O’Rielly countered that most people don’t care which technology delivers broadband to them, as long as it meets their needs. There should be a laser focus on getting Americans connected who are unserved today through current programs, he said, because the updated speed thresholds in the LIFT America Act would drastically increase the number of unserved Americans.

Impact on broadband mapping

The LIFT America Act would also impact the new FCC’s broadband mapping, because once the Digital Opportunity Data Collection fabric is implemented, the maps would need to be redone using the updated speed thresholds, said O’Rielly.

But the broadband maps wouldn’t need to be redone, Wheeler replied. The maps aren’t a static object like an actual map, he said, but rather is a database system that is constantly evolving.

Broadband maps are static in the sense that they represent the data at the current time, O’Rielly said. Updating the speed thresholds means the data would need to be recollected and reanalyzed, he said.

Expert Opinion

Carri Bennet: Biden’s Broadband Plan is Key to Spurring Rural Economic Development, Jobs and Manufacturing

The American Jobs Plan, President Joe Biden’s infrastructure plan, includes $100 billion to ensure broadband availability to every single American at affordable rates. This means building more broadband in rural areas.

Broadband Breakfast Staff

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The author of this Expert Opinion is Carri Bennet of the law firm of Womble Bond Dickinson

March 23, 2021 – A former Federal Communications Commissioner and a former chairman of the agency exchanged disagreements Monday over a large broadband funding bill re-introduced in the House of Representatives on March 11.

During a House Energy and Commerce Committee virtual hearing on the Leading Infrastructure for Tomorrow’s America (LIFT) Act, Mike O’Rielly and Tom Wheeler expressed opposing views on the broadband portion of the bill, which would provide up to $100 billion in funding for expanding broadband access across the country.

“I’m not engaging in hyperbole when I say this is a once-in-a-generation, maybe once-in-a-century, opportunity,” Wheeler said, defending the broadband initiatives in the bill.

The legislation creates a new ‘build-it-once’ plan to deliver broadband and will finally stop the ‘drip, drip, drip’ of billions of dollars with limited results, he said. “Solving the rural broadband problem once and for all, requires supporting the build out the same way we build highways—pay once,” he said.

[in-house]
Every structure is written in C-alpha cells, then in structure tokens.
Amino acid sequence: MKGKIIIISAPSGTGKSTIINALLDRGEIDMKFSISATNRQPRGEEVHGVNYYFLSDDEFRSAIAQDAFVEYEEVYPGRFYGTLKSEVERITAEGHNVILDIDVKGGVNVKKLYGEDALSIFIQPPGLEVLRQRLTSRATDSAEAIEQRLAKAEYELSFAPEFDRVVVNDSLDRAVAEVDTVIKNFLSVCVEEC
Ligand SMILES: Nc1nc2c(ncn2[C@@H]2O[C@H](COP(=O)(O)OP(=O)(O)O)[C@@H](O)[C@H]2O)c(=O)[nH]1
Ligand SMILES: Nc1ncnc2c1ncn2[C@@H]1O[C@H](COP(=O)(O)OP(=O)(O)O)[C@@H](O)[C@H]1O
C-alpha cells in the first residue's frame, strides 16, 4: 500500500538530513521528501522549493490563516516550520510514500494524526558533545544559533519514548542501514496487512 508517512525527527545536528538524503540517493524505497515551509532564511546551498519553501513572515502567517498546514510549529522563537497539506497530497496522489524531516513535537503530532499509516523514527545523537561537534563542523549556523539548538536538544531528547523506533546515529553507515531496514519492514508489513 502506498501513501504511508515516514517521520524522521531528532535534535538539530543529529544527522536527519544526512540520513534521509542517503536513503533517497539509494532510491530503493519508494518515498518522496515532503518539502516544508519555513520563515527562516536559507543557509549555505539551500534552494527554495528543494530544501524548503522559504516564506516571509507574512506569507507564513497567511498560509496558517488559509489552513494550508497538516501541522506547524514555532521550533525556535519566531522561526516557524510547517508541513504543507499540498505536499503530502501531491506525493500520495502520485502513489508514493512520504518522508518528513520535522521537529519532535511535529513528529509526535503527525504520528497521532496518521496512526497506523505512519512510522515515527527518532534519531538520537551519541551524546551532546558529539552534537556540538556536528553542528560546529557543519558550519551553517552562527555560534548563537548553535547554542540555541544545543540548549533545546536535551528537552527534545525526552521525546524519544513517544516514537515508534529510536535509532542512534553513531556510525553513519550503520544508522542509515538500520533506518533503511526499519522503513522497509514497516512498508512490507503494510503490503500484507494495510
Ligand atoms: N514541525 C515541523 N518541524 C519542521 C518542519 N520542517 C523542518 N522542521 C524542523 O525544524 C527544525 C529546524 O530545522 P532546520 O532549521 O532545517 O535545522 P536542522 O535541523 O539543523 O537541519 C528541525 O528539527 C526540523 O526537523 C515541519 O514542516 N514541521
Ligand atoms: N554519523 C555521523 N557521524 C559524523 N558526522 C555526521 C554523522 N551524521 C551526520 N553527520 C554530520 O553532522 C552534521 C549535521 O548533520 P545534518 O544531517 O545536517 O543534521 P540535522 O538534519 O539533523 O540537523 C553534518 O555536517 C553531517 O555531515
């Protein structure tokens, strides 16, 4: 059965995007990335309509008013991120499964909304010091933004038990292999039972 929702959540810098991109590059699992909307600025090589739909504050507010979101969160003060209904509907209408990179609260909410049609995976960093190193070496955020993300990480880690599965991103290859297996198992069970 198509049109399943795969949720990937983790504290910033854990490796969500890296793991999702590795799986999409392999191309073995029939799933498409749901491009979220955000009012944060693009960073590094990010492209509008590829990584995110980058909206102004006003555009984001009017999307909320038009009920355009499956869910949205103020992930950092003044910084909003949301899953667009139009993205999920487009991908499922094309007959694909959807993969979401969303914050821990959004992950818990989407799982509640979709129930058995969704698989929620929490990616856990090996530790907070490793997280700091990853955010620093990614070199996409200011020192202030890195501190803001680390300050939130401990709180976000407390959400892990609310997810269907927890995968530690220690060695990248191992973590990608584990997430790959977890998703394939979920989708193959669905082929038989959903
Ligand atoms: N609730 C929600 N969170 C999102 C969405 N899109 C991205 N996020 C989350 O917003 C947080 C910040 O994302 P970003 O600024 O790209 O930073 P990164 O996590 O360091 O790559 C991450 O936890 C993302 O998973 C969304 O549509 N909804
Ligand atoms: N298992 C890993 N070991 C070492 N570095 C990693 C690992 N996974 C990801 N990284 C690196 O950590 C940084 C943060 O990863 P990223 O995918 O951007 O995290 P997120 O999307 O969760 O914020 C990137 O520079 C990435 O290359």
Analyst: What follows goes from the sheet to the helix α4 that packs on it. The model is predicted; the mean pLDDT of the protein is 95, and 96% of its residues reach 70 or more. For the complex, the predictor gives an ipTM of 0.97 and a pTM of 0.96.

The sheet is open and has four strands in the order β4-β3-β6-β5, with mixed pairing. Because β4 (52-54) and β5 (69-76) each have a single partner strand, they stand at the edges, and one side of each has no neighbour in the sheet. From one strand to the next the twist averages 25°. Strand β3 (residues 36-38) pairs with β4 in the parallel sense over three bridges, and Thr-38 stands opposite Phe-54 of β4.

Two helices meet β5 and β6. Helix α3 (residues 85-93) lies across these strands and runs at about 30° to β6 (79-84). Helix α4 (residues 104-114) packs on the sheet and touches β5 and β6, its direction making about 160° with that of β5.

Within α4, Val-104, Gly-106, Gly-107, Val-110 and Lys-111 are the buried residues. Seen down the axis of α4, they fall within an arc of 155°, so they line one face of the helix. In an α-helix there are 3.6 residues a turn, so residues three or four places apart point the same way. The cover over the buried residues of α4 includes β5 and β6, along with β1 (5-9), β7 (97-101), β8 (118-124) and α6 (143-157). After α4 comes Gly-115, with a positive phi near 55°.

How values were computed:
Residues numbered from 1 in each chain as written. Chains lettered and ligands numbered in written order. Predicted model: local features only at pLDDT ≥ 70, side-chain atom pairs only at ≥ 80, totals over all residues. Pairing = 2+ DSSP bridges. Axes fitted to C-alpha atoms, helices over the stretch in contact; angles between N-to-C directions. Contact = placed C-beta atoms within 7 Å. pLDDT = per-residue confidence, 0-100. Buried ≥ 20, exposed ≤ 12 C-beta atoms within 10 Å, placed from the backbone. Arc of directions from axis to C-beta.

But O’Rielly said there are a host of issues with the bill and it needs major revisions. There is no dispute that millions of Americans still lack access to broadband, he said, and there are two ways to get them connected: First, targeted subsidy programs for those unserved areas and ignore areas that are already served; second, barriers to private sector deployment must be reduced or completely eliminated, he said.

Michael O’Rielly takes issue with high broadband speeds

“While I appreciate the interest of some to future-proof networks, I disagree with the extensive funding and out-of-touch definition of broadband,” O’Rielly said. “For instance, the push for symmetrical speeds at exorbitant levels, such as 100/100 megabits per second (Mbps), makes little sense,” he said.

The LIFT America Act, incorporating Rep. James Clyburn’s Accessible, Affordable Internet for All Act, would raise the FCC’s current threshold definition of served areas from 25 Mbps download and 3 Mbps upload minimum to 25/25 symmetrical speed for low-tier service and 100/100 Mbps symmetrical for mid-tier service.

See “Broadband Breakfast Panelists Wrestle With the Speed Definition of High-Speed Broadband,” Broadband Breakfast, March 18, 2021

O’Rielly’s chief criticism with the updated speeds was on the upload side, which he said far exceeded consumer needs. “A 100-megabit upload speed does not reflect reality for now or any time soon,” he said.

“Such a push for an inflated broadband speed will lead to a gigantic level of subsidized overbuilding, since most of the nation does not meet the new definition,” O’Rielly said. He emphasized that ‘overbuilding’ leads to a competitive broadband market, distinguishing it from subsidized overbuilding, which he said is bad because public money should focus on getting broadband to unserved areas.

The dollars would go to areas that are easier to serve and more well-to-do than for Americans who don’t actually have broadband today, he said, so it would push unserved Americans to the back of the line.